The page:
VIEW: Trade names

By Nick Sallen

On Monday, former Bismarck mayor Marlan “Hawk” Haakenson registered the trade names of a few of the nickname options UND is considering.

Haakenson could not register Sundogs or Roughriders, though. He believes trademarking the possible names will prevent UND’s nickname committee from choosing a new nickname when UND stakeholders (students, alumni, staff, faculty and donors) vote on the remaining nicknames down the road.

Haakenson is a “Fighting Sioux” supporter. However, he is not an alumnus. Haakenson went to North Dakota State University. He has been quoted proclaiming, “President (Robert) Kelley will never have permission from me. I’ll use every legal means I have to stop him from using the names.”

UND’s spokesman Peter Johnson is confident that Haakenson’s actions will not impede the progress toward a new nickname.

What Haakenson doesn’t know is that his actions will not affect the NCAA or the university. Trade names such as “Roughriders” are connected to a motorcycle club, an apothecary and a welding company. That didn’t stop Red River High School in Grand Forks from adopting the name.

Looking at the whole fiasco from a realistic standpoint, the possibility of preventing a new nickname from being chosen is equal to a blizzard happening in the Kalahari desert. UND’s administration has gone through all the hoops and spent thousands of dollars to surpass any chance of a roadblock.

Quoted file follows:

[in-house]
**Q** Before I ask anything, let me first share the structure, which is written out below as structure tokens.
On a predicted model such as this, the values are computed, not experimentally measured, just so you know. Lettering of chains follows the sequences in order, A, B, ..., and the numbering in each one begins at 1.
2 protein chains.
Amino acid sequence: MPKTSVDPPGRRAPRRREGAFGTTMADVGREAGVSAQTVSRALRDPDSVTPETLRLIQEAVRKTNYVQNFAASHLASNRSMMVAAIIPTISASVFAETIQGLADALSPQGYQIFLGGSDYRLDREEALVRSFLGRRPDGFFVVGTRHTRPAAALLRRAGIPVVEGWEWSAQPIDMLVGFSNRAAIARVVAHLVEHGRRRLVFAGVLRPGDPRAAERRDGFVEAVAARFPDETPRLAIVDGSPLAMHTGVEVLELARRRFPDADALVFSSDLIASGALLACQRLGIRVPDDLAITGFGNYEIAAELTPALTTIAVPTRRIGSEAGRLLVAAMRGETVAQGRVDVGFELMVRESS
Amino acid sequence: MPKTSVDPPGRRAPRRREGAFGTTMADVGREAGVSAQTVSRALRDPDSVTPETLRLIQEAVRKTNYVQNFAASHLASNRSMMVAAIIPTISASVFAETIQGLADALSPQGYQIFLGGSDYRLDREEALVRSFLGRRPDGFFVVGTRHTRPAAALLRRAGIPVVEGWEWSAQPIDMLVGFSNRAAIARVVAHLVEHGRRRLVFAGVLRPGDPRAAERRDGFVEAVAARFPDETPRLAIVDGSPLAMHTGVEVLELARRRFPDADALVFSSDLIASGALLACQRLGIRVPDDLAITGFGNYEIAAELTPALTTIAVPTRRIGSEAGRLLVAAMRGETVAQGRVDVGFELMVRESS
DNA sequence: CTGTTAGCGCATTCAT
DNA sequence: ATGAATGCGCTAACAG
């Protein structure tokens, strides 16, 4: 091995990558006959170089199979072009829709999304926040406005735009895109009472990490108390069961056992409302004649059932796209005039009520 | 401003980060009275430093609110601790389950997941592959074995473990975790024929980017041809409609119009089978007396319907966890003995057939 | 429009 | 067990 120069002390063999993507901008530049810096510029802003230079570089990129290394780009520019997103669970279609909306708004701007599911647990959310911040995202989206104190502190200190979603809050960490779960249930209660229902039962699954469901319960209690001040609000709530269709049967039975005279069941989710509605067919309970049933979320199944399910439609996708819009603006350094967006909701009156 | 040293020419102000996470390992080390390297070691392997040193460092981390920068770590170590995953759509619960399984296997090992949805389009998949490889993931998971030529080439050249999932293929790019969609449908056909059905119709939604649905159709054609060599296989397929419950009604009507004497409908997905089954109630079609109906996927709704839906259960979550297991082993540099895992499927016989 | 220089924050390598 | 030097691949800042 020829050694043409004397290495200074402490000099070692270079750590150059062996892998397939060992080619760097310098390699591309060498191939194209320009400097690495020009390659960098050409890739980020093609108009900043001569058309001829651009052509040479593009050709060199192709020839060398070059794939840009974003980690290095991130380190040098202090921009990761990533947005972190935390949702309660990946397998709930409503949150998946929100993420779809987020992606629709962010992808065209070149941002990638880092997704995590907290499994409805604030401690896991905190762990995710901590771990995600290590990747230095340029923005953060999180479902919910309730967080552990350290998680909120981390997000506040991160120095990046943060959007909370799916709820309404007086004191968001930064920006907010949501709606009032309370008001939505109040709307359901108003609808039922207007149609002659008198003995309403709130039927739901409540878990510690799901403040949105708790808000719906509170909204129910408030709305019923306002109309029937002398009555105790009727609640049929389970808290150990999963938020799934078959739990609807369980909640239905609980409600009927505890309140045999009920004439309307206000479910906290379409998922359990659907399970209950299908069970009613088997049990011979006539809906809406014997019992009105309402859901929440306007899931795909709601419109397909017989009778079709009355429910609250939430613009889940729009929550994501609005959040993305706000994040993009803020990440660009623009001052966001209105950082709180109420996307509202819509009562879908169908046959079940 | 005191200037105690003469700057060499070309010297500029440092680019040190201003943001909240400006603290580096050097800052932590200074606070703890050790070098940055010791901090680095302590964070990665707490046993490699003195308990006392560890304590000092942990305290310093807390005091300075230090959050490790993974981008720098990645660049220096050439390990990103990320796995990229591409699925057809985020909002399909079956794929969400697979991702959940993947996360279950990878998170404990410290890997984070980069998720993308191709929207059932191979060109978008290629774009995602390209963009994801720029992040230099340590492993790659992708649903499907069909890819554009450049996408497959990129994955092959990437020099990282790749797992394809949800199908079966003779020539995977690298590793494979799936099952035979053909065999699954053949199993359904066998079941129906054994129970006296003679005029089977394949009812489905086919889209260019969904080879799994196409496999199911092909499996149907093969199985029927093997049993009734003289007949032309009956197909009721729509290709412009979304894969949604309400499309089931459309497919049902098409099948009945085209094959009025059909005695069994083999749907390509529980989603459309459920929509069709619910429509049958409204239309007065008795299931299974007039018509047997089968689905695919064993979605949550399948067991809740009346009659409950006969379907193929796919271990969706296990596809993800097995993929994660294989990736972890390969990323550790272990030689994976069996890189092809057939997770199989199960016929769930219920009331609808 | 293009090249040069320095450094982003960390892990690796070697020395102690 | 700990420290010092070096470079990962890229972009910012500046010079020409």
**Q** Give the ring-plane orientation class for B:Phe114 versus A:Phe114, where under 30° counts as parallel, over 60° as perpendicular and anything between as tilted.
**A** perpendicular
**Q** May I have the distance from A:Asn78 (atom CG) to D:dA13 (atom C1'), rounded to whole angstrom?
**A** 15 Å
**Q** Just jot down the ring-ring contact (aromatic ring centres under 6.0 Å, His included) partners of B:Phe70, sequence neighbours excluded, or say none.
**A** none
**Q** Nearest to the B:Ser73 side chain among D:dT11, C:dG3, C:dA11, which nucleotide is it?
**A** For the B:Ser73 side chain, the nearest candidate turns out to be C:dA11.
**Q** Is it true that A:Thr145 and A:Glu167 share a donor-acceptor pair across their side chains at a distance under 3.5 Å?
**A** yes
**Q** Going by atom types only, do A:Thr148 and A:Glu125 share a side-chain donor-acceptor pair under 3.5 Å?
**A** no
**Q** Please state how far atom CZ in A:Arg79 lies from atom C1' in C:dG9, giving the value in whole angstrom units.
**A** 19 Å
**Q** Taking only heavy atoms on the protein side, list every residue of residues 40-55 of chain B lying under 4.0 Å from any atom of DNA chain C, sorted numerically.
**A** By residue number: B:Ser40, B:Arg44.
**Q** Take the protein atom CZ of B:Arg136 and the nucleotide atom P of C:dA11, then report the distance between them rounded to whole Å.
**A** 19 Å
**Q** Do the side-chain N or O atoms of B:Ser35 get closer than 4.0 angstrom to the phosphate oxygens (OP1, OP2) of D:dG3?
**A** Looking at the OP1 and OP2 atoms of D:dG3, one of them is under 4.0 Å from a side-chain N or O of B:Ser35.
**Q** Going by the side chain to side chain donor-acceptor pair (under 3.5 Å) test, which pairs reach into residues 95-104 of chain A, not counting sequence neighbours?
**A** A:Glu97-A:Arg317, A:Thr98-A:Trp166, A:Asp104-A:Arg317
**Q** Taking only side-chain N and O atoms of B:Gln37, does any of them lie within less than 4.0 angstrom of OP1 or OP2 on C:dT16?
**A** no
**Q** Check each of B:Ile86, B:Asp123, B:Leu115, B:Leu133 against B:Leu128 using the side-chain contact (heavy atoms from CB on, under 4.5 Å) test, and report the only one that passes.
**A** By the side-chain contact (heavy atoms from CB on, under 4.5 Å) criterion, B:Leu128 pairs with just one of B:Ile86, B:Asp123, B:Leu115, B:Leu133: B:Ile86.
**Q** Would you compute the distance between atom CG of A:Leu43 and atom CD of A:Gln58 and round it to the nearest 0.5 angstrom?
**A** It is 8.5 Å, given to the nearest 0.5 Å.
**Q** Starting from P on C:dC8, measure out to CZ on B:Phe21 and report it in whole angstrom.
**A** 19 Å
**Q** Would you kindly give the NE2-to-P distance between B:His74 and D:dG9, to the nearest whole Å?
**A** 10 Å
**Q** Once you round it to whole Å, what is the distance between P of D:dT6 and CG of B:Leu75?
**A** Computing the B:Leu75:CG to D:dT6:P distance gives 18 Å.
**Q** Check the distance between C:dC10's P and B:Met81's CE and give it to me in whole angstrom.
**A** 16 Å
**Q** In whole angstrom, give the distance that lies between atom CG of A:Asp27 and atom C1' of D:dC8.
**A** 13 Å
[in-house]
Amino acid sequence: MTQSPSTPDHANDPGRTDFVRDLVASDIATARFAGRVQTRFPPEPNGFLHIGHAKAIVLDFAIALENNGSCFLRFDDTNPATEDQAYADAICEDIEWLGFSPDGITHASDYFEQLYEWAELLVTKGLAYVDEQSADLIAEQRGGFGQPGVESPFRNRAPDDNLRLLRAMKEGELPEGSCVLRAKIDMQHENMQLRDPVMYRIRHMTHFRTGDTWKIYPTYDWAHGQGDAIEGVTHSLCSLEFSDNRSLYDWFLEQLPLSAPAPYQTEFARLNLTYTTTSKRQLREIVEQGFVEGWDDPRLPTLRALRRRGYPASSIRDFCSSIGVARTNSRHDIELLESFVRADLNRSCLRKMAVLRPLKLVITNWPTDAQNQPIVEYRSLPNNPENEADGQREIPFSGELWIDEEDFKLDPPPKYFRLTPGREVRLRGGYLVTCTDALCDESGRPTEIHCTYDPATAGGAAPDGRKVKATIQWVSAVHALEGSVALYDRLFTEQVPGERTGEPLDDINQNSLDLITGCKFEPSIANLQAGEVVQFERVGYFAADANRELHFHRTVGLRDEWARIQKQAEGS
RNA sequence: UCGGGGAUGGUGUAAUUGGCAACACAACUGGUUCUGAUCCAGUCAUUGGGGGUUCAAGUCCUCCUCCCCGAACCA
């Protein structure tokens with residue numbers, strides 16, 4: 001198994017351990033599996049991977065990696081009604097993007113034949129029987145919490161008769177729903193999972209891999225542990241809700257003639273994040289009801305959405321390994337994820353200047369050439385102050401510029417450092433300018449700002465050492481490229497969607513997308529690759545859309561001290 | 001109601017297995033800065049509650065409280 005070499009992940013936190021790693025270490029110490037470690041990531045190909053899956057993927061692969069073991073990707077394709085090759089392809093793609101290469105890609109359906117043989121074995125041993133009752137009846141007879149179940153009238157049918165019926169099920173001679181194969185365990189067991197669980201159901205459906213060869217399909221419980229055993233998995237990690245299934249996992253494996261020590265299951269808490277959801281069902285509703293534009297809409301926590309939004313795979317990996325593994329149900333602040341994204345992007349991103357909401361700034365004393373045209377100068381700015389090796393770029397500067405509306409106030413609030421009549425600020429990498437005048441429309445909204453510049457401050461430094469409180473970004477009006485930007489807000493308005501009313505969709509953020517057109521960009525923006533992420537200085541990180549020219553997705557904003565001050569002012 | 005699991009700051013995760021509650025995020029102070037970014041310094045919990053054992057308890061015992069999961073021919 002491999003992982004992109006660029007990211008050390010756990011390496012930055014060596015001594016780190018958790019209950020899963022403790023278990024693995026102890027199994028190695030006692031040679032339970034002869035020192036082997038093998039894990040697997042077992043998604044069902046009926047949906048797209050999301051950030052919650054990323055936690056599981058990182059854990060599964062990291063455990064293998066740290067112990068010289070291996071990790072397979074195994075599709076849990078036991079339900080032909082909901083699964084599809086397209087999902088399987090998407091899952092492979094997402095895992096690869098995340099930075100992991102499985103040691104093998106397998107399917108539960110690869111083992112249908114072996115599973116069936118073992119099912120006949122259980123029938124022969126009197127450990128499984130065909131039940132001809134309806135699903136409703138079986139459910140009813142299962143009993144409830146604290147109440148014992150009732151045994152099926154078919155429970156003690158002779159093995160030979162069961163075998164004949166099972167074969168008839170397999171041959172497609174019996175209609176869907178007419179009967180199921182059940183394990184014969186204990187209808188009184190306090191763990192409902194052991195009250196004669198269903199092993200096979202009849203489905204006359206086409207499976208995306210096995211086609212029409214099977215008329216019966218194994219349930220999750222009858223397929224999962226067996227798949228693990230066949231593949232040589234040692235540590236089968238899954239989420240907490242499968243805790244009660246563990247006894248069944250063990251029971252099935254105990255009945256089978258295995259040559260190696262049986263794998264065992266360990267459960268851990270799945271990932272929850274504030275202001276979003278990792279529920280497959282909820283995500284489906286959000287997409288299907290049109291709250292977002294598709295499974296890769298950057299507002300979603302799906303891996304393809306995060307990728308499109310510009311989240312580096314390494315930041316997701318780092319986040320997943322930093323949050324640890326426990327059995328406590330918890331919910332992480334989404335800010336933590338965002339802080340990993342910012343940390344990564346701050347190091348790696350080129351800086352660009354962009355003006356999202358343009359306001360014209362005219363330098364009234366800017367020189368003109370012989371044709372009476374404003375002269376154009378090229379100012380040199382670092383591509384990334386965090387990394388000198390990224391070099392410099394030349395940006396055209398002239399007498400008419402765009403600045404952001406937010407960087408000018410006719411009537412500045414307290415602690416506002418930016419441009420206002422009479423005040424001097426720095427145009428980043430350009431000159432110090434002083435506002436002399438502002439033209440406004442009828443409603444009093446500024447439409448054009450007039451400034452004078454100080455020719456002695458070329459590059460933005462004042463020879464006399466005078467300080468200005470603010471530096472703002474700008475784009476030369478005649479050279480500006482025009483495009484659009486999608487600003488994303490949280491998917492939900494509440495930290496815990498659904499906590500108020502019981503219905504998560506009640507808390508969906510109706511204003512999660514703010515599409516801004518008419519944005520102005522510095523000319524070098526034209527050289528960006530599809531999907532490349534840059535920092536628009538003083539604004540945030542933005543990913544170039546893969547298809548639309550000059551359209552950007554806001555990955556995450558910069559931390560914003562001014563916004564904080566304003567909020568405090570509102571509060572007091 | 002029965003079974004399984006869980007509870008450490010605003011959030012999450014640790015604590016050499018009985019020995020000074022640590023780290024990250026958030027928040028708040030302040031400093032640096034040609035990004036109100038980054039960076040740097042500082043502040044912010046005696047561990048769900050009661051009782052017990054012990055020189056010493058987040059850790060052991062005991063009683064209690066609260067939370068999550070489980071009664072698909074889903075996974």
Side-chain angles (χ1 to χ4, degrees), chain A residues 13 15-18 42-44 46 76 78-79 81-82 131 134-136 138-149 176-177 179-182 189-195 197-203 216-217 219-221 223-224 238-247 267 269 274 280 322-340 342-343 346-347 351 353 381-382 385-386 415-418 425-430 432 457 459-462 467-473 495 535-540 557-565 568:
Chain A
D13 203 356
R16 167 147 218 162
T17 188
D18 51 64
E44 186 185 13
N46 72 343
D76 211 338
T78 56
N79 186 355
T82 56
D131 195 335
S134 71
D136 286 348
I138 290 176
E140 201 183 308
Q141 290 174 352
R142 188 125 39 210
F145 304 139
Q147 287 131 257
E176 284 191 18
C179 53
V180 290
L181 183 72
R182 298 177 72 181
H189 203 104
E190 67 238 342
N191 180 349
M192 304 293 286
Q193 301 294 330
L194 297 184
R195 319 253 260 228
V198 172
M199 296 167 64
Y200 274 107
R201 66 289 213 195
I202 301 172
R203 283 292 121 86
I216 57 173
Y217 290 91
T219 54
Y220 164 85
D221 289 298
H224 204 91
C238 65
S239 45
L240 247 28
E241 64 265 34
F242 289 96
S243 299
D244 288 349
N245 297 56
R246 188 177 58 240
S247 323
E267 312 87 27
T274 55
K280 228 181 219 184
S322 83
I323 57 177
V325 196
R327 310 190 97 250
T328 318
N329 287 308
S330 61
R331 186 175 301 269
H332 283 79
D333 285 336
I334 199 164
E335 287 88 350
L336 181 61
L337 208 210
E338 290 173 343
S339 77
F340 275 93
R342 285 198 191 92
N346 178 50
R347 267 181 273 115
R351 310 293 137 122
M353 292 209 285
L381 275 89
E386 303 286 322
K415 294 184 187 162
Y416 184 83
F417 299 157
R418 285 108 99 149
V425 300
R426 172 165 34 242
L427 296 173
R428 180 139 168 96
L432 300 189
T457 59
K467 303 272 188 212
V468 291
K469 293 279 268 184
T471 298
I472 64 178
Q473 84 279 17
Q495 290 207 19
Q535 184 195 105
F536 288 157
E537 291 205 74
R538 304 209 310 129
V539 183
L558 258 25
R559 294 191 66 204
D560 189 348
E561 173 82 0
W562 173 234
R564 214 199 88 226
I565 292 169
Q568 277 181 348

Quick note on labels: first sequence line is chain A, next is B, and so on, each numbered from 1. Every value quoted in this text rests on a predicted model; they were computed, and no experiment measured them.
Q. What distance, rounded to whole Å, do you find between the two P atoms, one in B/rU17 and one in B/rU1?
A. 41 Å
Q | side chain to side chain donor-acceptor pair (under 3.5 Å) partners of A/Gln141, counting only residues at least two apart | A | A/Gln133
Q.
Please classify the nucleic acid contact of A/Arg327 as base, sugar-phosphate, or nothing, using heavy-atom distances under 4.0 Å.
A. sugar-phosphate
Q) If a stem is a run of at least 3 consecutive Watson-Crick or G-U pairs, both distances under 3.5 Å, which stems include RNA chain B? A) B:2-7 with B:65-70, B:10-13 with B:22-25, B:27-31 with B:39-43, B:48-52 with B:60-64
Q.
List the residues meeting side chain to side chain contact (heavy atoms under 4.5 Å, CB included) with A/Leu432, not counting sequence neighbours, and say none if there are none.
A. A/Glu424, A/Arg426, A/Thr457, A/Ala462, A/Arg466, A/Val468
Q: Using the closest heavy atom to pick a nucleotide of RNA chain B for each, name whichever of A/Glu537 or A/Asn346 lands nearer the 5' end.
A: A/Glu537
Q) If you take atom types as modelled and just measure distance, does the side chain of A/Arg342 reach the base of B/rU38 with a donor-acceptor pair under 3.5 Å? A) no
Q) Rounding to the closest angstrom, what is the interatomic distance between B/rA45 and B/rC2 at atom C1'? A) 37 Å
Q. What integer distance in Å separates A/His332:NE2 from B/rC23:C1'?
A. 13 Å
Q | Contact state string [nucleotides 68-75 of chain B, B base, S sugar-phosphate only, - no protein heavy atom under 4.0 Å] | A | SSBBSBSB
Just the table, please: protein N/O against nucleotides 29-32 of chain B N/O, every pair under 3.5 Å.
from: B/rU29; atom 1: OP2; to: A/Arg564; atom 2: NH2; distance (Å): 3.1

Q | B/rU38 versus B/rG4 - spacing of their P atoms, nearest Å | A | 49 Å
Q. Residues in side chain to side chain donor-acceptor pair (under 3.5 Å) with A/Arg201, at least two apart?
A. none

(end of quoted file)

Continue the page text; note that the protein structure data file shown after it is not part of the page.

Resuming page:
The North Dakota University System and the State board of Higher Education should easily be able to trump Haakenson. If by some miracle Haakenson is able to defeat both organizations, then he will have to face the NCAA. Haakenson is trying to make decisions that are out of his jurisdiction.

Our university couldn’t stand a chance against the NCAA from mandating a name change. For a former mayor to be able to stand against the titan of college sports would be a true David vs. Goliath story.

Hopefully this is the last story in the melting pot of drama surrounding UND’s new nickname. It’s time for us to look to the future and stop holding onto the past. The “Fighting Sioux” nickname was great when it was a part of the university. It is the same with the Flickertails nickname prior to the “Fighting Sioux.” Both names are great in their own right, and should be cherished as long as this university is standing.

So, if a new nickname is unavoidable, then we should embrace it with open arms instead of being angry at our own administration. Frustration with our own administration is harmful only to us. Instead of adding fuel to a civil war between the students and the administration, let’s work with the administration to choose a great nickname for us all.

Nick Sallen is the opinion editor for The Dakota Student. He can be reached at [email protected]